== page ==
Jacob Taubes - part historian, part philosopher, mostly stand-up comedian - gives this hilarious anecdote to illustrate how Paul conquered the European imagination ( The Political Theology of Paul (Cultural Memory in the Present) , 41):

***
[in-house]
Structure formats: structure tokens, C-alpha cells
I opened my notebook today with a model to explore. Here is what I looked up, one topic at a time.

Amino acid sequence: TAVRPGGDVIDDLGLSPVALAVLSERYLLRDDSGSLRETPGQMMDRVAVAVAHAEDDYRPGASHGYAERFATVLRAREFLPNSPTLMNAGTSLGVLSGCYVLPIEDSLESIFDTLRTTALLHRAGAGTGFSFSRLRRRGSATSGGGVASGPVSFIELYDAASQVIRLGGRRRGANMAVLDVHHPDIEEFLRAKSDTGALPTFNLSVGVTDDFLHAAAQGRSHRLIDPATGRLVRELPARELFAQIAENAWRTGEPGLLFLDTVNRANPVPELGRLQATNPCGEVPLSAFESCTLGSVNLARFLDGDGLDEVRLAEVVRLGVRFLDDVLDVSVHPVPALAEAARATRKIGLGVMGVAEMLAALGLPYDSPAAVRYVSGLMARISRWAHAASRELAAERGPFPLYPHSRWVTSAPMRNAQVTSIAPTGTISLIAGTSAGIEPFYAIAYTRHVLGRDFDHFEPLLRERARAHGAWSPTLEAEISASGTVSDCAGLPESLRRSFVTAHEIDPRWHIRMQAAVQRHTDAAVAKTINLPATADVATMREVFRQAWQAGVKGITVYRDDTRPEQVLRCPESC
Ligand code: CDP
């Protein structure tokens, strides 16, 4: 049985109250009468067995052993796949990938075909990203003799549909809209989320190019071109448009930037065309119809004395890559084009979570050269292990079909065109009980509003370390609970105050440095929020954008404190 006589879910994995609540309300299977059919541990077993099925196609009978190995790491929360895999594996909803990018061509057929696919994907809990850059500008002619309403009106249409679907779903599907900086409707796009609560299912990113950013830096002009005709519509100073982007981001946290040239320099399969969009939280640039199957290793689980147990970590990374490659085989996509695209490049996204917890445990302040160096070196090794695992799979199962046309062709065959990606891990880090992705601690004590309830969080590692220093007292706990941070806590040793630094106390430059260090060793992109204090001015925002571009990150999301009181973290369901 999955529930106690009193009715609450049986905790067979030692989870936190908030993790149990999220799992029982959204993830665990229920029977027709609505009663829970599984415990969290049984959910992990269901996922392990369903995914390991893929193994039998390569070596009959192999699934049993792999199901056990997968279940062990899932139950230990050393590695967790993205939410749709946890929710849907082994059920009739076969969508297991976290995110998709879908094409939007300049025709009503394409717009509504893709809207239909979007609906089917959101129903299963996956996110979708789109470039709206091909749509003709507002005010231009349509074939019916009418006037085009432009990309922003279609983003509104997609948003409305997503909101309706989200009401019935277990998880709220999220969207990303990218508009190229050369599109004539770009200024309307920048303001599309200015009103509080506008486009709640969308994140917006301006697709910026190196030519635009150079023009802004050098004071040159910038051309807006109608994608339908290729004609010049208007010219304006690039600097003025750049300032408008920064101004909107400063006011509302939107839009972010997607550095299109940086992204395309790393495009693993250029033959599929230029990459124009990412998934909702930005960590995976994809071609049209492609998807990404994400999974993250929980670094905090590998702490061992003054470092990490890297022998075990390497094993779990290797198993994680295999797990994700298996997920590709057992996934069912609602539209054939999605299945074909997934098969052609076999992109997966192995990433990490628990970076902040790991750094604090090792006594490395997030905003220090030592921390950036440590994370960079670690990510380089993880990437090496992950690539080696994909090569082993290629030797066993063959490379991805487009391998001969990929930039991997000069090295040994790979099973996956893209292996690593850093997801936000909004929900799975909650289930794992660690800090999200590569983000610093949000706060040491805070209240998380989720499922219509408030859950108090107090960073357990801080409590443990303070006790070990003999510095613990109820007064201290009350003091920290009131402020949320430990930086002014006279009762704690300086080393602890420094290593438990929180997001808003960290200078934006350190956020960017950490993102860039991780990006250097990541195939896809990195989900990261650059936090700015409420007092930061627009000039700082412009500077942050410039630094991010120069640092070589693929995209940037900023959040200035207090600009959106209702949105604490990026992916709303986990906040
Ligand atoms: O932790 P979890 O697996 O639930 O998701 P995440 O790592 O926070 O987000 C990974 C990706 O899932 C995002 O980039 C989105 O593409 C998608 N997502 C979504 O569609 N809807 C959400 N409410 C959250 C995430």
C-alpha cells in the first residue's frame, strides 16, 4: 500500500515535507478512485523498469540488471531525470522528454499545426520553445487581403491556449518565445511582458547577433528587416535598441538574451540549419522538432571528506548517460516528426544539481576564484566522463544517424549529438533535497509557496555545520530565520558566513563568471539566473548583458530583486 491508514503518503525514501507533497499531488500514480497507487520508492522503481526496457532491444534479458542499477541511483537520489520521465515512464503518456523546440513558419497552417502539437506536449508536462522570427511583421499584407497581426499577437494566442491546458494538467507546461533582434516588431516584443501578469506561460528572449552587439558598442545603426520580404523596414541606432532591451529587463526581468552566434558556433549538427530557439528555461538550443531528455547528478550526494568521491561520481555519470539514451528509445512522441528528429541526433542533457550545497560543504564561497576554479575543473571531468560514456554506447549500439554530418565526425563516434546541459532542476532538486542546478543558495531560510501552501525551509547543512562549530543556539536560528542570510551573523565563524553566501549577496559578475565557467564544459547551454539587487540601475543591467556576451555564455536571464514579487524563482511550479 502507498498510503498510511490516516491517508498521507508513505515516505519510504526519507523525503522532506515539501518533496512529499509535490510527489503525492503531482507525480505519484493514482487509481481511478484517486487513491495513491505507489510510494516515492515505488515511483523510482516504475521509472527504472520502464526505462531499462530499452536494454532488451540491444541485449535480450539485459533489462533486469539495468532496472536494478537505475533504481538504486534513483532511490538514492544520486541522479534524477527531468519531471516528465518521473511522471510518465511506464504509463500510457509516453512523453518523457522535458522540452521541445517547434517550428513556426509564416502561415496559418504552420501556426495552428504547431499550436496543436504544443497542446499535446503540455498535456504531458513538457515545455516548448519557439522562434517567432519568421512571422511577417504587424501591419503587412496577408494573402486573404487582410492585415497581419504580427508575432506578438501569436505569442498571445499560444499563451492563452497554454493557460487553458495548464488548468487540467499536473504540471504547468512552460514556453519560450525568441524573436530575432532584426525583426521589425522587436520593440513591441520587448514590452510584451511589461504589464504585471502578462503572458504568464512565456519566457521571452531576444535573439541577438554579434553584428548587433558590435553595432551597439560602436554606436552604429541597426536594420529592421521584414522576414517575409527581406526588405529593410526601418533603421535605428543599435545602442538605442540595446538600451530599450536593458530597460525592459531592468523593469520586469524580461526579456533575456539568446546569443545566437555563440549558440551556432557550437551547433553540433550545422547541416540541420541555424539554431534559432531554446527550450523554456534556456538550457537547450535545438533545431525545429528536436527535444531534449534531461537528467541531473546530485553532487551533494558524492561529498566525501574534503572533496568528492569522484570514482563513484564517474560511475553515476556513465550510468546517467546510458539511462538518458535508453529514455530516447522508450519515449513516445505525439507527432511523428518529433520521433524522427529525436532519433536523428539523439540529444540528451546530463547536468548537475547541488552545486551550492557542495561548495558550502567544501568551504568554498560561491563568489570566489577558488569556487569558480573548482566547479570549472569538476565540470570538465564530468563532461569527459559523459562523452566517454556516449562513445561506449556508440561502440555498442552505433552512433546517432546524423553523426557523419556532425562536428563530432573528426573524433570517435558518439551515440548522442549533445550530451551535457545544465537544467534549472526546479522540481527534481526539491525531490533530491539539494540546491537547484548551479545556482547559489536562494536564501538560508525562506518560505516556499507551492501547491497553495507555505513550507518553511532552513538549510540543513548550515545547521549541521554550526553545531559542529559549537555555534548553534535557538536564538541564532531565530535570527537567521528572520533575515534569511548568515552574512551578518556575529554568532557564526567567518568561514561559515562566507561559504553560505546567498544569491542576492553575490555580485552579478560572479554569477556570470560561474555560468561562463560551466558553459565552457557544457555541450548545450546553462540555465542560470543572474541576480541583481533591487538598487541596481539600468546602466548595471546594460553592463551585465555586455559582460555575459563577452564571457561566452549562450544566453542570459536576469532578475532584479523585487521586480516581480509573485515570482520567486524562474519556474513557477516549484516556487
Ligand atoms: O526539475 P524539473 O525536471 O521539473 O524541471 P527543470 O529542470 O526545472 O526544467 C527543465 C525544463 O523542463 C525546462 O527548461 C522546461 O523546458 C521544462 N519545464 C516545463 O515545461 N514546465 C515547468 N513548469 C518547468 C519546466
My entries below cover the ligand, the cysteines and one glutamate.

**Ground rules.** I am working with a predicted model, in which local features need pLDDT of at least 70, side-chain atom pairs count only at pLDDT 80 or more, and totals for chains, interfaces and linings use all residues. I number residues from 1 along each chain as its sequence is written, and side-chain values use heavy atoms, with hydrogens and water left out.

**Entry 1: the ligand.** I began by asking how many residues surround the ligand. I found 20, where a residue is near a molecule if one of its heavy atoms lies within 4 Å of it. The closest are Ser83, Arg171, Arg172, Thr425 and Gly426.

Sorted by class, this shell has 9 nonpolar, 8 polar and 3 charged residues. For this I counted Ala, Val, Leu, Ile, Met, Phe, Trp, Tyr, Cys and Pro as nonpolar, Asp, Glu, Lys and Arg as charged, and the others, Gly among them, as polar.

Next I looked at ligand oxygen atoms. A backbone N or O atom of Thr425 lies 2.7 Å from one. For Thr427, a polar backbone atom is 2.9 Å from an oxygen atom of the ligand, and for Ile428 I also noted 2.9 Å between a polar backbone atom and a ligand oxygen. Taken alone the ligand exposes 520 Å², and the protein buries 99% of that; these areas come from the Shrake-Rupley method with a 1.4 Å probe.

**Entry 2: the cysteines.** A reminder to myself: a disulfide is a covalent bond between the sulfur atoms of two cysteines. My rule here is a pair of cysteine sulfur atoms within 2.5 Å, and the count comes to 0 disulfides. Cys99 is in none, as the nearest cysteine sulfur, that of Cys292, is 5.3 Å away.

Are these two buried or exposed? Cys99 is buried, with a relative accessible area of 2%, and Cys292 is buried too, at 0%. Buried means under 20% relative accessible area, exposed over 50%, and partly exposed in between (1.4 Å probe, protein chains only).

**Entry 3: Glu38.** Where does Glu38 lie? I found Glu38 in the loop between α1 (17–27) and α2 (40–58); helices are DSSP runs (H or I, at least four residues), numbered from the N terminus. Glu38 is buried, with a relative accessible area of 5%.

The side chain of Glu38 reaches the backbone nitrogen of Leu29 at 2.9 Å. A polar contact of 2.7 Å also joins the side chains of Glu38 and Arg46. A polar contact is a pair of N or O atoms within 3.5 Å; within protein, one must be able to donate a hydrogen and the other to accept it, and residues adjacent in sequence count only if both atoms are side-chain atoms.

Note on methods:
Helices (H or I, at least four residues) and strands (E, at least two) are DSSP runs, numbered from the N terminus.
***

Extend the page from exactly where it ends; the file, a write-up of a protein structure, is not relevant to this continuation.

“I have a very good friend - now he’s a bishop in Stockholm, he used to be a professor at Harvard, where I knew him well - Krister Stendahl. And I remember . . . he visited me once in New York, and we were standing in front of a large fireplace. And Krister - he’s a real warrior type, you know, Goebbels would have envied his figure - he says to me that his deepest worry is whether he belongs (we were speaking English) to the ‘commonwealth of Israel.’ So I said to myself, Krister, you super-Aryan from Sweden, at the end of the world, as viewed from the Mediterranean, other worries you don’t have? No, he has no other worries! There I saw what Paul had done: that someone in the jungles of Sweden . . . is worrying about whether he belongs to the ‘commonwealth of Israel,’ that’s something that’s impossible without Paul.”